Radford University and Radford City Public Schools collaborate on the Techno Prom Make Event
The worlds of fashion and high technology collided for a group of intrepid middle school students at Radford University's Techno Prom Maker Events.
In collaboration with Radford faculty members and students, the visiting young DIY-ers learned how to use lights, electronics and 3-D design and printing technology to craft formal attire and accessories from recyclables.
Eighteen students from Dalton Intermediate in Radford attended the two events held in the university's Peery Hall makerspace on Feb. 20 and 27.
Dalton students Alex Dunn and Alia Saunders were drawn to the program because it gave them a chance to explore their fashion design skills. The pair collaborated on designing a single dress and found compromise was the key to a unified vision.
"We started doing two designs, but we have to put them together and make one, and then we actually make it," Dunn said. Even though they disagreed on some points of the dress, they were able to get the job done.
"We agreed to keep the same sort of top we both liked," Saunders said. "And one design was short and the other one was long, so we decided to do a length in the middle."
While Saunders and Dunn worked out their design and thought about recyclable materials to use to make it - with the help of Radford University students Iris Fuentes and Ivelianys Mena - another young maker was thinking about smart lights.
Landon Roop, also of Dalton Intermediate, signed up for the event when his teacher told him he would get to experiment with 3-D printing and smart lights. He set to work making a "smart" belt buckle with help from Department of Design Chair Holly Cline and Professor of Biology Jeremy Wodjak.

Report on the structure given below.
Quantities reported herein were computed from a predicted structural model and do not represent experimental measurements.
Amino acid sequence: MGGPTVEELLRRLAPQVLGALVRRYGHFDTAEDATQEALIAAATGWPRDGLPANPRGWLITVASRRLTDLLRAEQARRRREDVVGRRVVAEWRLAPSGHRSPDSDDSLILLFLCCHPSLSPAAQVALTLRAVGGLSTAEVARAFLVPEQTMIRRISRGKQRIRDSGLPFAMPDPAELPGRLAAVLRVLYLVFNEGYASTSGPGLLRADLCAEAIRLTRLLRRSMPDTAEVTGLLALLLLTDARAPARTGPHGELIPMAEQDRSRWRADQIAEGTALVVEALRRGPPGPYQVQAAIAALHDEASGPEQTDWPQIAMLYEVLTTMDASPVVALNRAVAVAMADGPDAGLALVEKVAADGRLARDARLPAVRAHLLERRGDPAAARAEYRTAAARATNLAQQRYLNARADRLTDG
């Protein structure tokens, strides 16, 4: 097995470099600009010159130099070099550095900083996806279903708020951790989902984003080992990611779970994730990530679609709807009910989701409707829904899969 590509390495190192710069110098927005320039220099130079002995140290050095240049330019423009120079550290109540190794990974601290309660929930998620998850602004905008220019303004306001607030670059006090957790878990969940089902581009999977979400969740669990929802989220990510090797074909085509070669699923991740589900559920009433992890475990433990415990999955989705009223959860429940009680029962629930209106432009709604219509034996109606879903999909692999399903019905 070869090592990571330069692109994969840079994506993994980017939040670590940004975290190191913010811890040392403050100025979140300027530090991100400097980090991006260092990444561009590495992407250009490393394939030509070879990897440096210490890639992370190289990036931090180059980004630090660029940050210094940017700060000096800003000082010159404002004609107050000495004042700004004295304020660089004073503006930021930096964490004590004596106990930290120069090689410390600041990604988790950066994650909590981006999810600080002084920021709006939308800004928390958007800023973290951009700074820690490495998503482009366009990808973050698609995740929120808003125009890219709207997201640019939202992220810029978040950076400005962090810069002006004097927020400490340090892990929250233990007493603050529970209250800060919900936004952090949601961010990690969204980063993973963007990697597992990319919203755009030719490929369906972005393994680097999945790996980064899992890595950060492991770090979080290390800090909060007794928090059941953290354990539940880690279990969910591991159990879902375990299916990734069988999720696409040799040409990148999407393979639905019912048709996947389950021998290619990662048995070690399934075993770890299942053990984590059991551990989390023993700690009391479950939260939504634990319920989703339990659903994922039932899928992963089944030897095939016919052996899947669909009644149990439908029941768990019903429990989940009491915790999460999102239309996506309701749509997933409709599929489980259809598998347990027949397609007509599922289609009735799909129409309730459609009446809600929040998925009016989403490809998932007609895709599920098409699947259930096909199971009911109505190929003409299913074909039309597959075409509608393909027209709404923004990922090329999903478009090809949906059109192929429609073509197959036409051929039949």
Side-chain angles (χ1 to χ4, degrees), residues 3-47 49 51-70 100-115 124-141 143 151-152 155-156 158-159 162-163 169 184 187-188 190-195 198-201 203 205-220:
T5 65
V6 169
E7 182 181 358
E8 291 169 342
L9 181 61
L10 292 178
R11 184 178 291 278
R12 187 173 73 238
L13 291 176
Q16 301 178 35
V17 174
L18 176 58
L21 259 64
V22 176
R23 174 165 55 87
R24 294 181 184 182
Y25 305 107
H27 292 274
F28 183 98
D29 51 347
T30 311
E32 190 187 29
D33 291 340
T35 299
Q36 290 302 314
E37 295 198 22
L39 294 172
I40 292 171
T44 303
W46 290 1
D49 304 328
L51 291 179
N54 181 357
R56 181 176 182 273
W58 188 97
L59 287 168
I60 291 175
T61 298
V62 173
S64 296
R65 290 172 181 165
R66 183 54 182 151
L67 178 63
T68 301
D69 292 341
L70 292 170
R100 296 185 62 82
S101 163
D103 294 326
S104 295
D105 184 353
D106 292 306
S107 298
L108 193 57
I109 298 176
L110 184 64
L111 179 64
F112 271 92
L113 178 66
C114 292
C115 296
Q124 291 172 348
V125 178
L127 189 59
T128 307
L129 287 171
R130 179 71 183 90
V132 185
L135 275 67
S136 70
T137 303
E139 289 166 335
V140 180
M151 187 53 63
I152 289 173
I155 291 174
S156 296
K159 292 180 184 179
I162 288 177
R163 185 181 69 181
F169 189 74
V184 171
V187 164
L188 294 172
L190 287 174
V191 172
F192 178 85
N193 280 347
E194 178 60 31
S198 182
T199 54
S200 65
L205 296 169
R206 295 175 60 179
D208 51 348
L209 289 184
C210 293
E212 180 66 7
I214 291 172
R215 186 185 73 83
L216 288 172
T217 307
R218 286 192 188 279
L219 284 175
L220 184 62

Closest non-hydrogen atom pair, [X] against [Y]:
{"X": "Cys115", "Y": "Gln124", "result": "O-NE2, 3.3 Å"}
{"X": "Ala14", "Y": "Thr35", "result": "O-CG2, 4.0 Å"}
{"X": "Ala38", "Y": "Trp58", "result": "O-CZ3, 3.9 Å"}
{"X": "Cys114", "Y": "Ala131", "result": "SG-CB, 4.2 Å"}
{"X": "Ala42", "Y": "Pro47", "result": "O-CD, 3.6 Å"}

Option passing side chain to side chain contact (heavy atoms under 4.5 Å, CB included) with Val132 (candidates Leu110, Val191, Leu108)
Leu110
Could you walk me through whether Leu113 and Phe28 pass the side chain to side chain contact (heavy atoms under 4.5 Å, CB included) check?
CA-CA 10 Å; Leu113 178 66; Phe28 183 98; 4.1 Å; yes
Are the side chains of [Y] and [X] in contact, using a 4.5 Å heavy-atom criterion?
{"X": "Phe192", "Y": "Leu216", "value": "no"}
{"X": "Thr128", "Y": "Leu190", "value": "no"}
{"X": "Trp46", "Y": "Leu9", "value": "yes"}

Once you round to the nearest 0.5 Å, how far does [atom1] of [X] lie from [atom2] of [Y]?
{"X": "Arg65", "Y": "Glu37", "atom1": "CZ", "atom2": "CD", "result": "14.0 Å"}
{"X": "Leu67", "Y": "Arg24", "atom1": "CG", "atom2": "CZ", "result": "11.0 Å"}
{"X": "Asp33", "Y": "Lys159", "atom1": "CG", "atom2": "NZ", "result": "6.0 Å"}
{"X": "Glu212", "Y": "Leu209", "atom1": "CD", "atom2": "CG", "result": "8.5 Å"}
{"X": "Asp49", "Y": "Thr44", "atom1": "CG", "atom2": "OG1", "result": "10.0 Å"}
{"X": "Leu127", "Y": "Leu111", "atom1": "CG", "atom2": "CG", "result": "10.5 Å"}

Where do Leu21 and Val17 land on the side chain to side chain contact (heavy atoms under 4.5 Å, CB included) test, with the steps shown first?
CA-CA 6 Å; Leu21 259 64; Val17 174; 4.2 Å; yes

"I want the lights to be around the outside," Roop said looking at a paper drawing of his triangular buckle design. "I wasn't quite sure I could even do that, but now I know that it's possible with the lights and machines."
Cline showed Roop the ropes on the makerspace's CAD programs and 3-D printers and helped bring his design off of the page.
"It was so cool, getting to sketch everything out and then make it happen," Roop said.
The Techno Prom events were introductions for students to the maker movement, a national initiative combining technology-based, do-it-yourself creativity in a social environment oriented toward the creation of new electronic, robotic and 3-D printing devices among others.
Wodjak has been a proponent of bringing maker mentality to campus.
"It's about solving your own problems, rather than just going to buy some product," he said. "The idea that the individual can solve his or her own problem is not discipline specific at all. It's a mindset. Kids think this way already and, at some point, we lose it. We lose the willingness to play, experiment, find things out."
Events like the Techno Prom encourage kids - and their university faculty and student mentors - to embrace that way of thinking. Wojdak's partner on linking young makers with college-aged ones is Jennifer Eller '99, M.S. '12, a Dalton Intermediate School CTE Teacher.
According to Eller, previous events have been successful, but drew out male students. The Techno Prom activities - based on design, personal expression and recycling - were designed to appeal to boys and girls alike.
Kijani Grinage, a junior fashion design major at Radford, was asked to help out as a student volunteer by a professor, but found himself engaged with the opportunity to make.
"Where I come from, we didn't have anything like this," Grinage said. "I hadn't had the experience to make anything. I'm learning from this too."
Radford University is a member of the Make School Alliance.
Radford joins 47 other colleges and universities - such as Carnegie Mellon, Cornell, Yale, Penn State and the University of Michigan - which are recognized nationally for a commitment to making and innovation and support of a generation of Americans who make.
The Makers and Innovators community at Radford is a part of the the university's High Impact Practices division, which was developed in 2014 to support and promote the development of transformational undergraduate educational experiences within and beyond the classroom.